Banks need to justify rate movements, says FBAA

by 27 Jun 2017
With the spate of recent rate hikes by the major and non-major banks, the Finance Brokers Association of Australia (FBAA) has called upon lenders to justify these decisions.

Since the Federal Budget was handed down in May, investor and interest only loans have increased by as much as 66 basis points without much explanation as to why, said FBAA executive director Peter White.

“And it’s not just the big four that have done this. Most banks are doing it, but they haven’t justified their reasons for going this route.

“Are they passing on the bank levy to consumers before it comes into play on 1 July, trying to slow the market, or destroy small business borrowers by restricting interest only borrowings?”

He also noted that the Australian Competition and Consumer Commission (ACCC) had yet to determine whether the reasons for these increases were legitimate.

The banks could be compelled by the ACCC to account for their rate movements, he said, questioning what the ACCC was doing about these movements and what the government was saying to lenders.

“While banks may claim these movements have nothing to do with the bank levy, they are leaving themselves open to criticism as it appears this isn’t the case,” he said.

“Where’s their compliance? Or is the issue that the ACCC is a toothless tiger?”

The market needs to know what’s going on, he added, especially with the size of certain recent rate movements.

In response to White’s statement, the ACCC told Australian Broker that it was currently building a Financial Sector Competition Unity to undertake regular inquiries into specific competition issues within the financial sector.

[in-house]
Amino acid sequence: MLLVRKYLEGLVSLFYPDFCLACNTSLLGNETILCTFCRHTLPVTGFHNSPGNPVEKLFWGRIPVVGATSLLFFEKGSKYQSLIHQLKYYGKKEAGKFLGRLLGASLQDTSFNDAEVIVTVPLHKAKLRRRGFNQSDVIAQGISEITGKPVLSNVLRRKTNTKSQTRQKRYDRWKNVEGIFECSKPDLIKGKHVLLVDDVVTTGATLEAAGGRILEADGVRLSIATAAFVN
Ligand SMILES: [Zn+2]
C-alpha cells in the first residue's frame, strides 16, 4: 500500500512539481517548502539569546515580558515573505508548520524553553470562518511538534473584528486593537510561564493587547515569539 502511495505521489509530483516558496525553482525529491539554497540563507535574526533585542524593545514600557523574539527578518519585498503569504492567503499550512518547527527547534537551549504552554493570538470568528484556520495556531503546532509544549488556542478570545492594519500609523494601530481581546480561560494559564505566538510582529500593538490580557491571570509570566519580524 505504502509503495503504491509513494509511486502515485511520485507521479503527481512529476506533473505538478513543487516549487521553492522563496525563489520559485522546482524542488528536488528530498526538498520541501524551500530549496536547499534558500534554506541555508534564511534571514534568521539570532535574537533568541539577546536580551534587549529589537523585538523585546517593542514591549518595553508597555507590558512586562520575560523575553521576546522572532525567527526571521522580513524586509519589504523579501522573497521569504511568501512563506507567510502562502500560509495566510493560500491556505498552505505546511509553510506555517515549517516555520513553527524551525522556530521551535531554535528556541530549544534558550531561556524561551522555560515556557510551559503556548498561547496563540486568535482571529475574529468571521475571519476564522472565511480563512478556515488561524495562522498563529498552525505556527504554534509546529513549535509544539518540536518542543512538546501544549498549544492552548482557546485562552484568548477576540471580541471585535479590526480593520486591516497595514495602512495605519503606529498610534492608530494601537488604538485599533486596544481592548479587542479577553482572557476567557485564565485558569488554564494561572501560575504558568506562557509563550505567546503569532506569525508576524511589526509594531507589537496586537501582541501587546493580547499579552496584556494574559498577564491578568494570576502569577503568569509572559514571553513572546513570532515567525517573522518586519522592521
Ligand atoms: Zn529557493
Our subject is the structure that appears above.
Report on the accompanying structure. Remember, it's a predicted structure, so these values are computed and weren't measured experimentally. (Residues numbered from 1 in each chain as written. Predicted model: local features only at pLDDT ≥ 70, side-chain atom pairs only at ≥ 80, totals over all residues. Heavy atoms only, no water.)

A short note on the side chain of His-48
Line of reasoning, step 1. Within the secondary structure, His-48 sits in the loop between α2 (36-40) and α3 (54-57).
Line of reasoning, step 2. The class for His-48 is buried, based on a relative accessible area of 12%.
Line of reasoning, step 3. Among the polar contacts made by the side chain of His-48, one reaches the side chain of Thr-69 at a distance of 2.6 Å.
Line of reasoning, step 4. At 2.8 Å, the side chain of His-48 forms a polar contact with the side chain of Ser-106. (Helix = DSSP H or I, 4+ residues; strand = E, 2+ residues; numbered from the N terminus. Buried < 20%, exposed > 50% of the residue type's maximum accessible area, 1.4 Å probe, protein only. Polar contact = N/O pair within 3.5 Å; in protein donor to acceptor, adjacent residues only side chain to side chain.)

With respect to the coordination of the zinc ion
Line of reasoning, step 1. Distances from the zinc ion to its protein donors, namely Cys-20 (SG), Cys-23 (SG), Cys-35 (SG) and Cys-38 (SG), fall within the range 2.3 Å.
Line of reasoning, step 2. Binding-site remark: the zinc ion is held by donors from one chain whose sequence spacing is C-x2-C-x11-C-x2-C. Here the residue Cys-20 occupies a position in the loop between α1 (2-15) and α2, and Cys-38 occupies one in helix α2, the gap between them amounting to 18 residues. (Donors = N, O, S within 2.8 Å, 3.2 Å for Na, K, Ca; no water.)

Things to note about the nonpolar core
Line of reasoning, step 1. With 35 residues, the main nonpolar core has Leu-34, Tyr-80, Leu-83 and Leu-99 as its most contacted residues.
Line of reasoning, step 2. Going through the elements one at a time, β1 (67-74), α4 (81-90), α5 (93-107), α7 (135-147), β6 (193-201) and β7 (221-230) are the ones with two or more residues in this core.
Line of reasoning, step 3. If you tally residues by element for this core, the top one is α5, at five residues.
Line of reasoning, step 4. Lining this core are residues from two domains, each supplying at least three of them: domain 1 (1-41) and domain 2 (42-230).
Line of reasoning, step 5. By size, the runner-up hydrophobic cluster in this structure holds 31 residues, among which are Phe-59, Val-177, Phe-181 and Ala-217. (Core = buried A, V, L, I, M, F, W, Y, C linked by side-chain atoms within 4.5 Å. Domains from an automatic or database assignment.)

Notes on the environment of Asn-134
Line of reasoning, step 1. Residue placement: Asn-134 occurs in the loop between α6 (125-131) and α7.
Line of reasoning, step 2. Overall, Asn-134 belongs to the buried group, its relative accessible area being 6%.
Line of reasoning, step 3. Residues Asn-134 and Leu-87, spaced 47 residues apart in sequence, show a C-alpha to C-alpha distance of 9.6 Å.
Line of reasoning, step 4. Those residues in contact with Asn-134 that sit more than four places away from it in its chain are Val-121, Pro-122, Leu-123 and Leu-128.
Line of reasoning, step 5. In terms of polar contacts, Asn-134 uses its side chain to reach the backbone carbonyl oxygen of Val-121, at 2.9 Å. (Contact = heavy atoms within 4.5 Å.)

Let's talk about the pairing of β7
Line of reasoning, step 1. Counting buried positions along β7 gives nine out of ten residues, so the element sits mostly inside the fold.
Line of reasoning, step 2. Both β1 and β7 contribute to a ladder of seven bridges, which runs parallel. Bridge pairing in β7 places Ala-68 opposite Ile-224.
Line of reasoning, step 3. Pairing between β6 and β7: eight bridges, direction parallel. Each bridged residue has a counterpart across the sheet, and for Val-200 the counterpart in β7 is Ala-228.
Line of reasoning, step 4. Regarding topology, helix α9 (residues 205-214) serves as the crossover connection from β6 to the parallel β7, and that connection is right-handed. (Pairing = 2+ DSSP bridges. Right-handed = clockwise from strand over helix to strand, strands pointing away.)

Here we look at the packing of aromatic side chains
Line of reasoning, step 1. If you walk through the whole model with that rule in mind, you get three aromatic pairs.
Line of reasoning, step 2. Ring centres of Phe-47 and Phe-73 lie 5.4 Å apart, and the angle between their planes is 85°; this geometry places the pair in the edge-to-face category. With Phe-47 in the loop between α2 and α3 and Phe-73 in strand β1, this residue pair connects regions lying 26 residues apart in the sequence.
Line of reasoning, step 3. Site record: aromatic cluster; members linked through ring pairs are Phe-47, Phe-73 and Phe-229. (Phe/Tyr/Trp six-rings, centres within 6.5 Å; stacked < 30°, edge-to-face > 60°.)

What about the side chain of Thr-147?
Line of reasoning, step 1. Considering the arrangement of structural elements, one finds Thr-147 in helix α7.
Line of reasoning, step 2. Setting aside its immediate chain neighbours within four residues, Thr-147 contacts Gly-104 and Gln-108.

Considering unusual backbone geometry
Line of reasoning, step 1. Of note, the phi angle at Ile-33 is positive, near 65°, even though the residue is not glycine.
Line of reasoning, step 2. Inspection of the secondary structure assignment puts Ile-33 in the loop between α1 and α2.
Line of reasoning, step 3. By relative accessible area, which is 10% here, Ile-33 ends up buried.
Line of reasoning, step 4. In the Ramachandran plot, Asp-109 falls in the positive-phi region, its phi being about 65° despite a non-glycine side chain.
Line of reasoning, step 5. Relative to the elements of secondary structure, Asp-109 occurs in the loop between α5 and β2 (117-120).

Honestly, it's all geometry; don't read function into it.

“The ACCC’s new Financial Sector Competition Unit’s first task is to commence a one-year price inquiry into residential mortgage products to 30 June 2018,” an ACCC spokeswoman said.

“As part of this inquiry, the ACCC can compel the major banks to explain any changes or proposed changes to fees, charges, or interest rates in relation to residential mortgage products affected.”

The role of the ACCC will be to check the veracity of the bank’s claims and notify the public when these representations are misleading, she added. Furthermore, the ACCC will determine a baseline for residential mortgage products and ask the banks to explain changes to fees, prices and charges over time.

“The ACCC will also provide customers with transparency as compulsory investigative information gathering powers will allow the ACCC to substantiate claims made by banks in relation to residential mortgages,” the spokeswoman said. “Through that, the ACCC will be able to provide consumers with a better understanding of how the big banks make decisions on changes to their mortgage rates.”

From past experience, this added transparency will have an important effect on bank behaviour, she added.

Discussing the bank levy, the spokeswoman noted that the ACCC will be assessing bank behaviour in relation to pass-through of the levy over the coming year. This will also help assess the level of competitiveness within the banking sector.

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